Given that there are so many good boardgame ports available, it’s a pretty lousy time to sell a lousy boardgame port. It doesn’t help when the boardgame being ported is nothing to write home about. It certainly doesn’t help when it wants you to buy pointlessly expensive maps, not to mention actual gameplay mechanics. This sure is demanding for such an inconsequential game. It barely even qualifies as beer n’ pretzels. How about suds n’ crumbs?
Eight-Minute Empires is a throwaway territory conquest by Ryan Laukat, who’s turned out a handful of frothy little games that rely more on charm than game design. It’s basically Risk, but instead of dice and hands of cards, everyone has to buy from a row of face-up cards to do anything. Do you buy the card to move your guys or the card to add more guys? Or do you splurge on the rare card that actually takes someone else’s guys off the board? It’s an important decision, since you only ever get the handful of coins you start with. But don’t give it too much thought since it’s all going to be over soon. Guess how many turns before Eight Minute Empire’s hard cut-off time. I hope you guessed eight.
I mainly know Laukat for Above and Below, which marries a city builder with one of those games where you look up a paragraph in a big spiral-bound book and read it to find out what happened. The clever part of the design is that the city builder is the “above” part of the game, but once you start digging underground to expand your city, the “below” part of the game introduces the big book of paragraphs where stuff happens. Deterministic economy up top, shrouded adventure text down under. Cute! It makes a great first impression. The problem is that the set-collection economy is fundamentally broken in a way that a game designer should have noticed. It only took us two playthroughs to see that, uh, this doesn’t work like the designer seems to want it to work. So all I’ve got left is a game about looking up a paragraph in a big spiral-bound book and reading it find out what happened. No thanks. If I wanted to play Tales of the Arabian Nights, which I sometimes do, I would play Tales of the Arabian Nights.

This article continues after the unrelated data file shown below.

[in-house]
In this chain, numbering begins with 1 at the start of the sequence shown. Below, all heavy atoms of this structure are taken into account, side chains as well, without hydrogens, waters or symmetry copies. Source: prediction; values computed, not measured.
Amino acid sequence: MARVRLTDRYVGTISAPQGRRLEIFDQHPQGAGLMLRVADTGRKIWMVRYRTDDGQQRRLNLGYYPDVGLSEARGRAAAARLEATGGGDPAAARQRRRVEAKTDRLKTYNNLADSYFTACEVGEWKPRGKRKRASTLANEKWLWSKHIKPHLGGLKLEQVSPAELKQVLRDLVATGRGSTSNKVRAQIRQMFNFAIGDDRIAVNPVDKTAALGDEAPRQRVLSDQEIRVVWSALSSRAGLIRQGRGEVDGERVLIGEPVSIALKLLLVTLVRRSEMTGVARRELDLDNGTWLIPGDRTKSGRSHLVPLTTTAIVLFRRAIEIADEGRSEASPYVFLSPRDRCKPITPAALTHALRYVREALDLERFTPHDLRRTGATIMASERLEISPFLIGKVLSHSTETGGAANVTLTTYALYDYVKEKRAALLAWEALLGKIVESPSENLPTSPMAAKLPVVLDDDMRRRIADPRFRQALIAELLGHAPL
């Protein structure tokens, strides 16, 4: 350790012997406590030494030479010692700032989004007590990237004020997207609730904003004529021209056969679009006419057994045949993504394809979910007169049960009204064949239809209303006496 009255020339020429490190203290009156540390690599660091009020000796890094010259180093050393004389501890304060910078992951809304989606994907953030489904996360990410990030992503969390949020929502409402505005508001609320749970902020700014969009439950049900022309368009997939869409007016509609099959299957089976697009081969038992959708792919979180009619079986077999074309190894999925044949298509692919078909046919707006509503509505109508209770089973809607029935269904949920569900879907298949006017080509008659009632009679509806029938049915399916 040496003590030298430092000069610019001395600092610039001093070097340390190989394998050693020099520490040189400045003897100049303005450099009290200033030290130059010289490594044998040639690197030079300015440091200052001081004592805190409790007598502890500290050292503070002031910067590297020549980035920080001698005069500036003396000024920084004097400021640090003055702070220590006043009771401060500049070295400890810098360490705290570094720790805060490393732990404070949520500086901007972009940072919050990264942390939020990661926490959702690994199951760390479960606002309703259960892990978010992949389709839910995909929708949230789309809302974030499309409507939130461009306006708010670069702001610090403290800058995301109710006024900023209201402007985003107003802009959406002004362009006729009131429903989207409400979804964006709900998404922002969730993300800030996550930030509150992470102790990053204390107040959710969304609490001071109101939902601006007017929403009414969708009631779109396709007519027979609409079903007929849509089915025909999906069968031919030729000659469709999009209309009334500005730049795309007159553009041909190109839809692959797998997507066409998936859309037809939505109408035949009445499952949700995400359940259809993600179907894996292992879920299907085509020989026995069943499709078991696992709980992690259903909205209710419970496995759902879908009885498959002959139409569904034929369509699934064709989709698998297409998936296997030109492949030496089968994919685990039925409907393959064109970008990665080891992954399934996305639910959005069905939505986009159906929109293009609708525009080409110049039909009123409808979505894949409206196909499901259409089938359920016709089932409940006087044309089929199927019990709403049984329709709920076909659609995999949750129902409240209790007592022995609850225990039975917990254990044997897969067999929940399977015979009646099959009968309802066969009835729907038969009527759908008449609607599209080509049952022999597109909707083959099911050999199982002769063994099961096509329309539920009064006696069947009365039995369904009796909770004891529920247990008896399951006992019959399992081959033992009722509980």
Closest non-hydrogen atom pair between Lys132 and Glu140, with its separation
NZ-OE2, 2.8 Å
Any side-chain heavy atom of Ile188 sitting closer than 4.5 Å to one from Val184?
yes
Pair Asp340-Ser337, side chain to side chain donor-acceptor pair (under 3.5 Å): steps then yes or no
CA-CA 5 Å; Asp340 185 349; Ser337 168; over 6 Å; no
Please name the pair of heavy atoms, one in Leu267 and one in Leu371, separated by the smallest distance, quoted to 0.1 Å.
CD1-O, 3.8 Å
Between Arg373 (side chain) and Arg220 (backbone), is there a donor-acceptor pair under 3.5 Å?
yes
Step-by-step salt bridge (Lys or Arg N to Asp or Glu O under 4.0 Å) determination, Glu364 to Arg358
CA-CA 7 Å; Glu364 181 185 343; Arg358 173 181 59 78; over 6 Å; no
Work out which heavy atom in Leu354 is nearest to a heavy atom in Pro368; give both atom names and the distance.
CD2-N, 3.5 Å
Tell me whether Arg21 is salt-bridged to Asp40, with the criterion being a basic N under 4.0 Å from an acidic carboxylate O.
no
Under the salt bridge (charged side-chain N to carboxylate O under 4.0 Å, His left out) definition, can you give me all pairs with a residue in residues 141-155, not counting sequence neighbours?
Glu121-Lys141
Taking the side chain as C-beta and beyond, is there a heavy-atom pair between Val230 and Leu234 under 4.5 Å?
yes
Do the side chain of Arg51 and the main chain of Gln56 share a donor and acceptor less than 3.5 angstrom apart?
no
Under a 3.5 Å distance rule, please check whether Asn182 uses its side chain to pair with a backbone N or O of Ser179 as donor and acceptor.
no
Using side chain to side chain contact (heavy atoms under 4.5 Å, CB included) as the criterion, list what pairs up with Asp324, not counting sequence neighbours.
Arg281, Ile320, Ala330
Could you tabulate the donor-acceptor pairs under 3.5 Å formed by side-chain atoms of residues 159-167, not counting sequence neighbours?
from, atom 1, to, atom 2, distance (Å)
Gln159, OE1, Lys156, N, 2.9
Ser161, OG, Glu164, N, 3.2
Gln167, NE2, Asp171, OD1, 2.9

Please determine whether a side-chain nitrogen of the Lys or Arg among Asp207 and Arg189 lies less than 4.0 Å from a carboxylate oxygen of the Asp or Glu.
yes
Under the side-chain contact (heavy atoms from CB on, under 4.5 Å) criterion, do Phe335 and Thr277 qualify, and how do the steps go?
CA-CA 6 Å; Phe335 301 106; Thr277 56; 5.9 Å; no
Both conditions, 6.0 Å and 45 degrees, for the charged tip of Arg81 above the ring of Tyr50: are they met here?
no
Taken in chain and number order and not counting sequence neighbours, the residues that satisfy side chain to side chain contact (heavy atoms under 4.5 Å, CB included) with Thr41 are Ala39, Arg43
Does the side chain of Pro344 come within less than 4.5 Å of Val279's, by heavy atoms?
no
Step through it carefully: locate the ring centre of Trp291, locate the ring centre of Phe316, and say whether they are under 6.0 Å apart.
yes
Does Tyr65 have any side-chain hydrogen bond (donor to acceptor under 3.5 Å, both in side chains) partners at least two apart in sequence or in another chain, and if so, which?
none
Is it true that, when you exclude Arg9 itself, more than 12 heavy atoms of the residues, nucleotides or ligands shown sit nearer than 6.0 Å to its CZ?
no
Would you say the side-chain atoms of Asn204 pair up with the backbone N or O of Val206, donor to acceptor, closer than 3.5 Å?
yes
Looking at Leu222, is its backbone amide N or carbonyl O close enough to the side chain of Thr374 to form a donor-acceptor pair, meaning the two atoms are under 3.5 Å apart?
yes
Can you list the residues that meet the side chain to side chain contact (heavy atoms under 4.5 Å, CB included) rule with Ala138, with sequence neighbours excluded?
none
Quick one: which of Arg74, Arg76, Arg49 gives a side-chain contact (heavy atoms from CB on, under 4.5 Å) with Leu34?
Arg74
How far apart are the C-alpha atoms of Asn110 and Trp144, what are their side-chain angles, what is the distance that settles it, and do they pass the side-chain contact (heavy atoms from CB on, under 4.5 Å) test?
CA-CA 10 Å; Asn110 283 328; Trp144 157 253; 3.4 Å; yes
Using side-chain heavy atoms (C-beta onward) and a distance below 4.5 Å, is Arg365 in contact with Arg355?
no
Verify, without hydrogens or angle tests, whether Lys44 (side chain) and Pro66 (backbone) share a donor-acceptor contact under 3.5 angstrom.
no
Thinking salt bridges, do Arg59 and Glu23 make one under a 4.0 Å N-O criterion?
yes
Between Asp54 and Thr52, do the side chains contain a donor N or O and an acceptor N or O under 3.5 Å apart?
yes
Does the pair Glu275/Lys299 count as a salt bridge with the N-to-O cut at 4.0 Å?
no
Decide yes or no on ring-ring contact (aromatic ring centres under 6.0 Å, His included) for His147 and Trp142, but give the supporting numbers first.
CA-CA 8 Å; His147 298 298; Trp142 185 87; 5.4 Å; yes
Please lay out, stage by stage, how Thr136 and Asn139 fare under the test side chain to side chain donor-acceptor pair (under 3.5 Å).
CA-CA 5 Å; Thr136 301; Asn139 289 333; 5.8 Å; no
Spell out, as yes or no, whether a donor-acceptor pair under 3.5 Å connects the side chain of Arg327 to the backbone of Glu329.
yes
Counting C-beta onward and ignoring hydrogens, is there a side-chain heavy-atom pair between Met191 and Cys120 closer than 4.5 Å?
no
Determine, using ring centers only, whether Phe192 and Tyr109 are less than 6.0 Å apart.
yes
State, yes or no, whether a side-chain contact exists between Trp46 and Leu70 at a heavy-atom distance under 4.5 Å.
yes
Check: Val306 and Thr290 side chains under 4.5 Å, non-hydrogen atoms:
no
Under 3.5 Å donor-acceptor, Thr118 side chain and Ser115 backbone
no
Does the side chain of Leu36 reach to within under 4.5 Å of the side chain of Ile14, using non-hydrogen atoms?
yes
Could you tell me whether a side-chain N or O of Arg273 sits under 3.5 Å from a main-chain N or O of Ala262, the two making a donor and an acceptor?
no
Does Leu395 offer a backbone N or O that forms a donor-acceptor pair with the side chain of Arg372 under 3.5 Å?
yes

At least Eight-Minute Empire works as intended. Namely, a diversion comprised of familiar game ingredients. Oh, look, it’s got a set-collection economy. It’s a harmless enough game, and unlike Above and Below, nothing is egregiously broken. Pick a card, do the one thing it says, repeat seven more times. Now tally up who controls how many territories and how many continents. Easy peasy.
But as a port, there are a couple of problems. The first is that this is one of those games with a deck of cards that thinks you don’t care about seeing the cards. According to Eight Minute Empire, there is no reason to know what cards are in the deck, or even which cards are in the discard pile. You weren’t trying to game the set collection by knowing the game components, were you? Not on this digital port’s watch! All you get to see are the cards in the face-up row. It seems like the deck might be built to gradually ramp up, but I can’t be sure how. This vapid port doesn’t say.
What’s really galling about Eight-Minute Empire is how it’s sliced up into various expensive pieces. I normally figure a game’s price is between you and your wallet. But this is one of those games where the business model sticks its pudgy fingers into the design. You want to play on different maps? You can buy extra maps for four dollars each. Do you want to play the maps with some of the territories as mountains? You get to buy an add-on called “Mountains” for another four dollars. Did I mention that you already paid nine dollars for the game without the extra maps, or the rules for mountains, or a single card that lets someone build a city? All that stuff is extra.
This seems to be a habit with the publishers, who also sell a port of Martin Wallace’s Steam. The maps for that game cost $5 each, so at least the abusive business model is getting cheaper.